Hallo! Madam Rosmerta here.
I am currently studying abroad in Leiden, the Netherlands (Nederland). I have been here for less than a week, but I already have some exciting food adventures to share with you all!
The main thing I’ve learned so far is that the Dutch love their pastries – and they’re very good at making them.
You know those Biscoff/Speculoos cookies that are all the rage in the foodie community right now? They’re Dutch.
Also, buy a coffee anywhere in Leiden and it comes in a little dixie-cup. Nothing bigger. Except at the one Starbucks in town, at the train station. But the coffee is very strong and satisfying, so I have never really felt the need for more.
Tip: Koffie verkeerd (literally “incorrect coffee”) is coffee with steamed milk, like a café au lait in the U.S. But it’s closer to a latte, because it’s so strong.
The first night we arrived, we went to Oudt Leyden – ‘t Pannekoekenhuysje (the Pancake House) for some delicious and HUGE crepe-like pancakes.
This one had warm cherries, vanilla ice cream, and whipped cream. It was sublime. It was 12 euros (they ranged from €7 to €15), which is on the cheaper side of average for a dinner here, but expensive for a college muggle’s budget, so I would recommend it once in a while.
Similar, but much cheaper, are the crepes.
I got this nutella & banana crepe from a little stand at the biweekly outdoor market in the center of Leiden. It was a third of the price of the pancake, and still a wonderful treat. They had various fillings – fruits, spreads, liqueurs, even Kinder® chocolate!
At the same market, I acquired this haul:
Fruits & veggies, garlic and chives, a loaf of whole grain bread, and a half-kilo wedge of good quality cheese, all for around €16, or $22. The cheese is “Geitenkaas met Koriander” (goat cheese with coriander) and it’s absolutely fabulous, even for someone who doesn’t particularly love cheese.
Then a trip to the grocery store for staples and seasonings (Nutella is a staple, right?) for €14, and I’m set for a while.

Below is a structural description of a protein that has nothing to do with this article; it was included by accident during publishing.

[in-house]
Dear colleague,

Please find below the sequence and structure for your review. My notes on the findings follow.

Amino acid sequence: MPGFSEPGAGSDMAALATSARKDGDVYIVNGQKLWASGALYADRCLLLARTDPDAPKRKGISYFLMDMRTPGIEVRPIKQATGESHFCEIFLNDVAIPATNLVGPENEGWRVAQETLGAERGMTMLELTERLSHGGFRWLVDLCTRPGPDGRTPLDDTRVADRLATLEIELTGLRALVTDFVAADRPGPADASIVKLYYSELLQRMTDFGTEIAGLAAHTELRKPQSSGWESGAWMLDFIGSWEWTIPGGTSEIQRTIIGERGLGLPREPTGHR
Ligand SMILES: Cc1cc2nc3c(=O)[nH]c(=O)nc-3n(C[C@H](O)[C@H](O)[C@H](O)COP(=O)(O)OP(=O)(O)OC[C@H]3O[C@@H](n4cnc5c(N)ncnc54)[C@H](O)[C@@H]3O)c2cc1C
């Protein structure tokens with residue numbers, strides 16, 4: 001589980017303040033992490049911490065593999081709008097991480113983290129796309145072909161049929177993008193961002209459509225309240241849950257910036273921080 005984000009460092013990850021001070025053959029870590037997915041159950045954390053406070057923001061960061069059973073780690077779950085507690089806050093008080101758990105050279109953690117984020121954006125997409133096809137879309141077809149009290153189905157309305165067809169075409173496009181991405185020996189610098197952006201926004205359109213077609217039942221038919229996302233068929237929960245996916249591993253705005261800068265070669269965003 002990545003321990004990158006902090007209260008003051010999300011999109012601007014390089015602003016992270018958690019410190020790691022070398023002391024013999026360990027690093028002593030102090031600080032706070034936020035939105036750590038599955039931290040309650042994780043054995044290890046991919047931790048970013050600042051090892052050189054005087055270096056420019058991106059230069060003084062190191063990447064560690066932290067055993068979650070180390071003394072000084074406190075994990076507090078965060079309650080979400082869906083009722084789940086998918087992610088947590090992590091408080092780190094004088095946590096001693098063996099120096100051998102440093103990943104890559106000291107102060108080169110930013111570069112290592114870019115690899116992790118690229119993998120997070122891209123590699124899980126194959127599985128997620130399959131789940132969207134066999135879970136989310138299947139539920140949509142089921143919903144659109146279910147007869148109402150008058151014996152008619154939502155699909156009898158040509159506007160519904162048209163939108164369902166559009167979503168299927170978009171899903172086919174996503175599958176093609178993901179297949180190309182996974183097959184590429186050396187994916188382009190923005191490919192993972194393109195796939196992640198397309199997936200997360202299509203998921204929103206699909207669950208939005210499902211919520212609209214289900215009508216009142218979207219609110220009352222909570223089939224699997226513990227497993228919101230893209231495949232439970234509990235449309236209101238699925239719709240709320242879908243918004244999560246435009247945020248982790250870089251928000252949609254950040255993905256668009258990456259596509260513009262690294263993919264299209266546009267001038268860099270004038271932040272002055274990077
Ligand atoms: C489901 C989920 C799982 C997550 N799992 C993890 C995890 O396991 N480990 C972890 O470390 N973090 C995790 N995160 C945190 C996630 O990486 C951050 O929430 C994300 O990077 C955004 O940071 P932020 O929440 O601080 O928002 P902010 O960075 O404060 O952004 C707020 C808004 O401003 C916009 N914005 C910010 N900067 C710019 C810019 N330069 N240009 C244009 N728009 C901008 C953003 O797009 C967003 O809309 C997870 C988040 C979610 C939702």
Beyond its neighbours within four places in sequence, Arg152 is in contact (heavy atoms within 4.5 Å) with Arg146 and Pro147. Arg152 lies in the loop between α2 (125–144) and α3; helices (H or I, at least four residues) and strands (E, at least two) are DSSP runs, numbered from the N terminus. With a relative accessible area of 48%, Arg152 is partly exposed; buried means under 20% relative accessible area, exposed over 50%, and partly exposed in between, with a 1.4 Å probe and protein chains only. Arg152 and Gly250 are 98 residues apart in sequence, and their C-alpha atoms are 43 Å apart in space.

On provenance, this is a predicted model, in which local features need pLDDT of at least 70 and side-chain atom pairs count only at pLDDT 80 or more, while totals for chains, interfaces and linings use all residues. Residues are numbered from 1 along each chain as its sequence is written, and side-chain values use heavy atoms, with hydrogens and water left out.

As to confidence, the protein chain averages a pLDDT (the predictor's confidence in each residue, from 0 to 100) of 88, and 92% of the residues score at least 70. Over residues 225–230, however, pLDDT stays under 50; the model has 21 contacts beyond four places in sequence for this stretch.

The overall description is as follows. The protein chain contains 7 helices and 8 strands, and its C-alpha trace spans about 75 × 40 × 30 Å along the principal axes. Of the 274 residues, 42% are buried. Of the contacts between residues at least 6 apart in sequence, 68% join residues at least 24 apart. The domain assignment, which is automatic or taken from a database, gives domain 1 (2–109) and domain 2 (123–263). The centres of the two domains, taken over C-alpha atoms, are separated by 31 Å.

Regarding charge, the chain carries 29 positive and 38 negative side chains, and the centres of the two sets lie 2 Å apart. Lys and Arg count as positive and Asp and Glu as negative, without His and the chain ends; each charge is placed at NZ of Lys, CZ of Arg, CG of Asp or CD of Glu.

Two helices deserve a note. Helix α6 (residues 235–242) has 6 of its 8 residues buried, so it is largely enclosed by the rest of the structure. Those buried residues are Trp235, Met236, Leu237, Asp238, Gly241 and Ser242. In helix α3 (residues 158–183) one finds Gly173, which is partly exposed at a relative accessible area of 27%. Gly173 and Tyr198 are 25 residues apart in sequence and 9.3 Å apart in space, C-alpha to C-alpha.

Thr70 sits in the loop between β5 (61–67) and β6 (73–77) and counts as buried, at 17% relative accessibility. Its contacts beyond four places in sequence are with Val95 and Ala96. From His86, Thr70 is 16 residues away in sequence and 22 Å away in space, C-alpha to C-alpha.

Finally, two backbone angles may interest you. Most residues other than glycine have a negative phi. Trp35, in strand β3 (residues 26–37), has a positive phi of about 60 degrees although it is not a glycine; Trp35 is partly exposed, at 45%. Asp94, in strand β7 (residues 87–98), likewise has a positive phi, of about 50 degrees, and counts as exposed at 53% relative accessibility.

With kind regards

This is definitely the way to go when living on a budget in Europe. Although there are many interesting-looking items labeled in Dutch that I would like to try, I decided to stick to what I know for now. (Spaghetti = spaghetti, apple = appel, paprika = paprika. Phew!) And I forced myself to pass up the chocolate speculoos spread. Yes, it’s a thing here.
Fun fact: Peanut butter is called “pindakaas”, which literally means “peanut cheese”.
When you’re on a budget, be creative to avoid getting bored! To use my new groceries, I made this the first night:
Sautéed mushrooms, carrots, cherry tomatoes, and potato chunks with paprika, garlic and chives
And this the second night:
Garlicky cherry tomato & mushroom pasta with goat cheese
Tomorrow night, I’ll use the zucchini, the red pepper, the rest of the huge carrot, my last 2 mushrooms, another potato and/or some brown rice – I might borrow some soy sauce from a friend and make an asian-style stir fry, or just keep using my own spices for flavor, but either way it will be a new and different meal!
If you get bored with the same foods over and over, you can still get by with minimal ingredients as long as you get a bit creative. Buy a few versatile spices/seasonings and vary your ingredients until you have used them all up. If you eat meat, you can also buy different meats to pair with the veggies and grains each night.
If you don’t get bored easily, and you don’t particularly love to cook, get bulk packages of meat and/or veggies and/or grains, cook a huge batch, and save the leftovers in tupperware. For example, one of my dorm-mates bought a big pack of beef and a jar of curry sauce, cooked all of the beef in the sauce, put some over rice for his dinner tonight, then stored the rest for his next few meals.
Another tip for caffeine-loving muggles like Bathilda & me:
A little pour-over brewer. Small, easy to pack and clean, and makes decent coffee! I bought the cheapest coffee at the supermarket, so it’s not fantastic, but it does the trick. That entire bag of coffee cost 2 euros, which would only get me 2 cups of coffee at a café. It’s worth the extra few minutes it takes to boil water.
And, um… according to whoever supplies dishes to my dorm, this is supposedly a soup bowl.
It’s maybe the size of my smallest coffee mug in the U.S. I told you portions are small in Europe. Except for the pancakes, apparently.
Thanks for reading! I hope this will help you out if you ever visit the Netherlands or Western Europe. I’ll be back soon to talk about savory foods! Meanwhile, I feel right at home – there’s even a castle in Leiden!